The life of a student is full of worries – midterms, a part time job, an active social life, and their own safety. It’s important to be aware of what you can do for yourself to stay safe. Below is a list of tips and tricks to help any student keep themselves safe from common crimes on college campuses.
1. Always lock your door.
A very simple way to protect your personal belongings while living on a college campus is to lock your door every time you leave your dorm room or apartment. In fact, even locking the door while you’re at home is a good idea. Having a locked door is your first line of defense against any intruder attempting to get in. If you live in a dorm, make sure the main doors aren’t propped open. It’s helpful if your campus has a key card or security badge system throughout the dormitories – consider looking into this before you make your final choice on where to attend and where to live.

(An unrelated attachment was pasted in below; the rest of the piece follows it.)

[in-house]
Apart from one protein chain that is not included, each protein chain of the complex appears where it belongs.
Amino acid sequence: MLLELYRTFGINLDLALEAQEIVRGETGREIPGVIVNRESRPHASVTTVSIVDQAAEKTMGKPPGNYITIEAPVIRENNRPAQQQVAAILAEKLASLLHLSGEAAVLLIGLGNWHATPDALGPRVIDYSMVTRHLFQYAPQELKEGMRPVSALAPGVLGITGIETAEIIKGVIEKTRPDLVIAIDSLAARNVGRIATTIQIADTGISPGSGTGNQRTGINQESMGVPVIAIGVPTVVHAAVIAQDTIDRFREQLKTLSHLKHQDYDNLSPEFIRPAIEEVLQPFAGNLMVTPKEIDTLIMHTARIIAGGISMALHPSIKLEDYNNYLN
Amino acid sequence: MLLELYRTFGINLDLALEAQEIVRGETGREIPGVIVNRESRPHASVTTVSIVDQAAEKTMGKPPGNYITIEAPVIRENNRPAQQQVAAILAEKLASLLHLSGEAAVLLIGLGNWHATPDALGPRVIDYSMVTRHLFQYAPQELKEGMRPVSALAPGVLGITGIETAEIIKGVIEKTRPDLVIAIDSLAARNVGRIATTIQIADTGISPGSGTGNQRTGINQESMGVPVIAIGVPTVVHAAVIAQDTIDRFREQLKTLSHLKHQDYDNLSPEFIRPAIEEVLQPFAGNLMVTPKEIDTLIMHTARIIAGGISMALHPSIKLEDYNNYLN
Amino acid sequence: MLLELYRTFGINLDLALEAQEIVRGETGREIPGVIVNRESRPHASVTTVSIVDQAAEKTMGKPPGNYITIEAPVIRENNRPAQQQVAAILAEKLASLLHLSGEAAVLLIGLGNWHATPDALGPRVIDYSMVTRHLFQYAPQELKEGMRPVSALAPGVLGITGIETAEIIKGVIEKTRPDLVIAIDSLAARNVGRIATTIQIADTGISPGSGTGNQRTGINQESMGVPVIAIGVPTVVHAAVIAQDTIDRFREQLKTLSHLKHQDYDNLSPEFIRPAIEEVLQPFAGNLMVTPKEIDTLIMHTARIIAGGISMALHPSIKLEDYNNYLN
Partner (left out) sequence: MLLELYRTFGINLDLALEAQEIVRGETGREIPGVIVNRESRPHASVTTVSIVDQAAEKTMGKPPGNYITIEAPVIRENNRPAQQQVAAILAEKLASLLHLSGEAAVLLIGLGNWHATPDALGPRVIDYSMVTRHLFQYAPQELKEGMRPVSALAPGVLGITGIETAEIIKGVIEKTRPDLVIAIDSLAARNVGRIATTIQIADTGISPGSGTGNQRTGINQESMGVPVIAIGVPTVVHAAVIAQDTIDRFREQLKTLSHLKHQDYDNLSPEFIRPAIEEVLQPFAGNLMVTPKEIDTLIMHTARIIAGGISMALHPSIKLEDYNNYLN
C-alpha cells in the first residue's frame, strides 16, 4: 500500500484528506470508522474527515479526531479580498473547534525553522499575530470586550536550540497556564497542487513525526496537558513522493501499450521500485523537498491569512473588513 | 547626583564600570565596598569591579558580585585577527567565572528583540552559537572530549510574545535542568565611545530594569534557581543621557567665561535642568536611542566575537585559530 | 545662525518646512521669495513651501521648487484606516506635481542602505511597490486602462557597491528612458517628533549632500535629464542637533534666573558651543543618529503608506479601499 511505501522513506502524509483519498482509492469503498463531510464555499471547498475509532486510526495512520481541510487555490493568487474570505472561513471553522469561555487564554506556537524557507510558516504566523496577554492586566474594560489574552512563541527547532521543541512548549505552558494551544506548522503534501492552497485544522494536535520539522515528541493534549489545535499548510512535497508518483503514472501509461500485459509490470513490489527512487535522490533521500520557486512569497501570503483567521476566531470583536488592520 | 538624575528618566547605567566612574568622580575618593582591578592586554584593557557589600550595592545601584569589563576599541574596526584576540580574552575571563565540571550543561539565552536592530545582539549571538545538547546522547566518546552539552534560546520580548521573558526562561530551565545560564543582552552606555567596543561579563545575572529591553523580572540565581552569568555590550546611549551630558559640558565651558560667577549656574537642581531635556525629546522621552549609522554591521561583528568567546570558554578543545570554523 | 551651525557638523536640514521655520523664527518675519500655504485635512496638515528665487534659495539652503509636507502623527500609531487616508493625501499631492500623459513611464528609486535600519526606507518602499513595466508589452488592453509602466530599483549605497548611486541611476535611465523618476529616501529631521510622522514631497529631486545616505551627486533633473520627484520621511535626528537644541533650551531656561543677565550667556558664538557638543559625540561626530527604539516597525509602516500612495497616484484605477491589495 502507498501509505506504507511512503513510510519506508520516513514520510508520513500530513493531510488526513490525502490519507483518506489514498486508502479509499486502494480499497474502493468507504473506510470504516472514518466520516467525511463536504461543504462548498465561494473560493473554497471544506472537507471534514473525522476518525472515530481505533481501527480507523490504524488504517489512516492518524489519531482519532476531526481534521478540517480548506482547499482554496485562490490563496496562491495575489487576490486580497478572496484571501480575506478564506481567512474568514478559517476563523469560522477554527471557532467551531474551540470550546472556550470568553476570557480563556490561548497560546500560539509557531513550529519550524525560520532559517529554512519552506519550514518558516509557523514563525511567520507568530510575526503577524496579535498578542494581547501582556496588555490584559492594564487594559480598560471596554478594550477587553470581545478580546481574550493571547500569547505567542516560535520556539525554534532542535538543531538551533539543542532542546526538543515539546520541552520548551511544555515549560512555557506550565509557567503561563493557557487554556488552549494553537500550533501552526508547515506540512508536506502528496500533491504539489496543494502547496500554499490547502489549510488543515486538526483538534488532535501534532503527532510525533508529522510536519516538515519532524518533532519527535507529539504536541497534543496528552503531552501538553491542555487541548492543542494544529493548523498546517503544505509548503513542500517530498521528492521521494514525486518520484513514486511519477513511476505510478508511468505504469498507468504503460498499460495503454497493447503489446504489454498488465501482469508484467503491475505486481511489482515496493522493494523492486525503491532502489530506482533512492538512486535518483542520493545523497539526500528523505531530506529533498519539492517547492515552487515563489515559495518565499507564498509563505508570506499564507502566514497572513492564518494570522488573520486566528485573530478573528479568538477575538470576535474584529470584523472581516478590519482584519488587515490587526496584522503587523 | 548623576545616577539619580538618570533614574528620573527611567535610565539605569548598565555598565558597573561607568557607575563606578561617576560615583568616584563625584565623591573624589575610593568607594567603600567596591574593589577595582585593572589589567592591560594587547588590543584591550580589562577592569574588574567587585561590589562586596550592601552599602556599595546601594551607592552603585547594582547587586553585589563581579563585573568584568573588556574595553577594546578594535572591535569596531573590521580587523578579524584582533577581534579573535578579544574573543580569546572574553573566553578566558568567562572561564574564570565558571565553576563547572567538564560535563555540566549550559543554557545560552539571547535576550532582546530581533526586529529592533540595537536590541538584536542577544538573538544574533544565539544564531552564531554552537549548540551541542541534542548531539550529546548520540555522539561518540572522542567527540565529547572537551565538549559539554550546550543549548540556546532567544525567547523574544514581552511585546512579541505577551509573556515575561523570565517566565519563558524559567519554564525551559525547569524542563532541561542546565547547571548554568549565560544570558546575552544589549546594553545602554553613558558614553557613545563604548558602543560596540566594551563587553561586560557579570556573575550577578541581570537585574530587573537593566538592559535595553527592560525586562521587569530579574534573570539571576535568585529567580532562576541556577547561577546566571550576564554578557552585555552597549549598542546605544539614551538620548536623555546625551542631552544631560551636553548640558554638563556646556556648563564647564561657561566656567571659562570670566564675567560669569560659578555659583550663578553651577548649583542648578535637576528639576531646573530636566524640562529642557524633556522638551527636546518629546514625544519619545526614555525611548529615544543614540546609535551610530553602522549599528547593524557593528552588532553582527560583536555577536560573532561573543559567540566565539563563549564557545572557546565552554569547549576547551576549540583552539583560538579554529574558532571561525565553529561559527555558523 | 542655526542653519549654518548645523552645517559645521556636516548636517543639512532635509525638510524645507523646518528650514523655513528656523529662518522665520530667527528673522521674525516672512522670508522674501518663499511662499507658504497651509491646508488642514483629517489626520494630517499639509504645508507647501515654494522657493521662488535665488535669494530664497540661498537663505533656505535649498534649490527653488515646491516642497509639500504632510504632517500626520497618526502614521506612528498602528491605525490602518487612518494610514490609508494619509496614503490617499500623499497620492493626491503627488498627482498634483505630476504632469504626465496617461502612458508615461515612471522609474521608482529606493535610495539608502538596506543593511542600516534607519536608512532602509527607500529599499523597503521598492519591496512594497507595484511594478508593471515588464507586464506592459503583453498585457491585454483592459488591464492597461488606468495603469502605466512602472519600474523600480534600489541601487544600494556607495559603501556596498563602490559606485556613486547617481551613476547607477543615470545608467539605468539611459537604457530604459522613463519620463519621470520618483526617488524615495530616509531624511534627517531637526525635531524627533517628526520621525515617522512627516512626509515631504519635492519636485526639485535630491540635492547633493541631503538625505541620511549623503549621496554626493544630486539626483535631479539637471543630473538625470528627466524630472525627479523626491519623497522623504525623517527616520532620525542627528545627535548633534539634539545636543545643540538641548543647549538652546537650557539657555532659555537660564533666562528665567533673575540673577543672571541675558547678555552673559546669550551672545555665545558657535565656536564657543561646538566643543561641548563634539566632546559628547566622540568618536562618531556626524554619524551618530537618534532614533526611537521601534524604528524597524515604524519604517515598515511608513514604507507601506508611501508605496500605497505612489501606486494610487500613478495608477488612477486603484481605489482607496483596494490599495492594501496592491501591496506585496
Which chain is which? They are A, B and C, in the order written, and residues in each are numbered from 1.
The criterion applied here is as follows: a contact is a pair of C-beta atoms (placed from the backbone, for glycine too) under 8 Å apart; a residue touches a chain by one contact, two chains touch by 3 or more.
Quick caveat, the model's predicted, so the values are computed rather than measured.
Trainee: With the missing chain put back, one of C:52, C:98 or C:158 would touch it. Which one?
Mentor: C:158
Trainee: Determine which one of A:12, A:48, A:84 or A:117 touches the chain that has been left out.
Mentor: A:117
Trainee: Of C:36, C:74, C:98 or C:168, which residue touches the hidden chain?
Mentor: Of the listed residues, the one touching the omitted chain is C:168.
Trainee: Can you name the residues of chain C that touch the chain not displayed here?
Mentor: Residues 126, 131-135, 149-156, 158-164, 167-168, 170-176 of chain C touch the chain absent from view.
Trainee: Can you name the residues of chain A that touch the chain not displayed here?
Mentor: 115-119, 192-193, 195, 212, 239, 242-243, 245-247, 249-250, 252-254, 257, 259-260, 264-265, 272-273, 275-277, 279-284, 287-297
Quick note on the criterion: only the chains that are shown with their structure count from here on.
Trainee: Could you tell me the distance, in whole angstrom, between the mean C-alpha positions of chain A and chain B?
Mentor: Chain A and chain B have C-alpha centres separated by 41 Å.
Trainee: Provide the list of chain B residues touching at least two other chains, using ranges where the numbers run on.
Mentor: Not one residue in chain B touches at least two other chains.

2. Never leave your belongings unattended.
Even if you’re in the library and need to run to the restroom or need another cup of coffee, don’t leave your laptop or other items unattended. If you are running back inside your apartment, lock up your bike. If it’s an item you would not leave sitting on a park bench, don’t leave it on a library table, by the doorway of a classroom, or anywhere else. Hampshire University offers a service at their campus police office for engraving personal items that students are particularly worried about. Consider doing something like this in order to help track down your items if they are ever lost or stolen.
3. Extra security measures for your dorm or apartment.
If you are worried about a break in or a burglary, think about adding a security monitoring system to your dorm or apartment. Many security systems install using adhesive-backed sensors and wireless communication, so you won’t damage your living space. There are a number of simple and easy solutions on the market that a student could use. Treat your college housing like you would any other residence and secure it with alarm systems and additional hardware.